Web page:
3.1 National, State, Municipal and Parish Bodies
According to the Justice First party statutes, the main bodies at the national level include: the National Political Committee and the National Board of Directors, both headed by the National Coordinator; the Operating Committee; the General Secretariat, headed by the General Secretary; and the Organizing Secretariat, headed by the Organizing Secretary (Primero Justicia 18 Apr. 2012, Art. 19, 23, 26, 30, 34). A translation of the statutes articles related to the structure of the party is attached to this Response.
The statutes indicate that at the state level, the party structure is comprised of a State Political Committee, a State Board of Directors and a State Coordinator (ibid., Art. 45, 47, 49). At the municipal level, there is a Municipal Political Committee, a Municipal Board of Directors and a Municipal Coordinator (ibid., Art. 53, 55, 57). At the parish level, there is a Parish Board of Directors, a Parish Coordinator and Volunteer Committees (Comités Justicieros) (ibid., Arts. 61, 63, 67).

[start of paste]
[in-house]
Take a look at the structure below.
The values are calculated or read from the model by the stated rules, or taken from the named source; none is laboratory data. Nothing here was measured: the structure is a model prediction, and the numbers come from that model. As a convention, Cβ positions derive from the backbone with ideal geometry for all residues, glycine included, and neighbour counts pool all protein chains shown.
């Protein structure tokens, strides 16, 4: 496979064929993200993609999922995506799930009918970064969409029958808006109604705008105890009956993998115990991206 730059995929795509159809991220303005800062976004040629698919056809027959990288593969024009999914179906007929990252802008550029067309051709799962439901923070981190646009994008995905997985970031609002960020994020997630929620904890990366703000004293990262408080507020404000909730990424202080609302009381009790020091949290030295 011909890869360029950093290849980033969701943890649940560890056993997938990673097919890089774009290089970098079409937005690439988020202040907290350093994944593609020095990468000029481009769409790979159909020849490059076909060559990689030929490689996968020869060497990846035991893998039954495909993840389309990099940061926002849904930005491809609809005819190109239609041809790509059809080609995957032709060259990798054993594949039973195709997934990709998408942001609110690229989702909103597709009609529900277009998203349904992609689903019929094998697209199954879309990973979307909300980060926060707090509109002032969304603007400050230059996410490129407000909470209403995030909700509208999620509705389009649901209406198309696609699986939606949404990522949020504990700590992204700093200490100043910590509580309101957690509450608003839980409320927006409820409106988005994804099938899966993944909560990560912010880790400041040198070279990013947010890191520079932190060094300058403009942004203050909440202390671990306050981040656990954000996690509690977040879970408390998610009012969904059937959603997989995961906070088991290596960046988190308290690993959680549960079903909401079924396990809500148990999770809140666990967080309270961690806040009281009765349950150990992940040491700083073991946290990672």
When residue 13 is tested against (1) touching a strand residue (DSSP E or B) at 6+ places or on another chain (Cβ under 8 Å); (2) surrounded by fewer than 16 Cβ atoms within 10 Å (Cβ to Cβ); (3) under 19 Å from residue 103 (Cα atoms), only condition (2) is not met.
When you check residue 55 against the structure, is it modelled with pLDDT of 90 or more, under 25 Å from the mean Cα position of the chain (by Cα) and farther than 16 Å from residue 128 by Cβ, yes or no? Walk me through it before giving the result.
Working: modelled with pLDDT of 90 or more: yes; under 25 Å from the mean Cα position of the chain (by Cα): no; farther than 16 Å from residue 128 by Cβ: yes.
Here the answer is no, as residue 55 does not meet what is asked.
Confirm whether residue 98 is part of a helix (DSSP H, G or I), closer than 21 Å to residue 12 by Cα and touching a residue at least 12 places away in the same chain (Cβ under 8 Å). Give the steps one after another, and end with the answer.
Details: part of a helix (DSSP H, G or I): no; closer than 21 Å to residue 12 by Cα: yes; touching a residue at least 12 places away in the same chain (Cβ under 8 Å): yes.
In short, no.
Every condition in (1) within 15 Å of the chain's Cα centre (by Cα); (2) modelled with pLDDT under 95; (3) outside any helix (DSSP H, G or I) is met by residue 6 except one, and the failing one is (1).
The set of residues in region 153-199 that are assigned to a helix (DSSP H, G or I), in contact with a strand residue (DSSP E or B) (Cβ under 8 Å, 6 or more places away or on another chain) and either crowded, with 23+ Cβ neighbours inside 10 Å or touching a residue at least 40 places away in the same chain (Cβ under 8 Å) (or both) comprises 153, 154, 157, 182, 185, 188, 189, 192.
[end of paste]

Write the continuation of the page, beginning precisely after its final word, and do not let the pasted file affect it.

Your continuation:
According to the Justice First statutes, the party is organized into different secretariats, which are in charge of the implementation of political and social programs and projects of the party (ibid., Art. 37). Secretariats [translation] "must create chapters" at the national, state, municipal and parochial levels (ibid.). The Justice First website indicates that the party has the following national secretariats:
- Education - to bring together teachers (ibid. n.d.e);
- Family Justice - to promote family values and respect for the human being (ibid. n.d.g);
- Farming Justice - to execute Justice First's agricultural policies and to promote the wellbeing of farming families and improve food sovereignty in Venezuela (ibid. n.d.d);
- Labour Justice - to support the creation of strong unions (ibid. n.d.j);
- Justice for Professionals - to bring together professionals and technical workers in the party (ibid. n.d.h);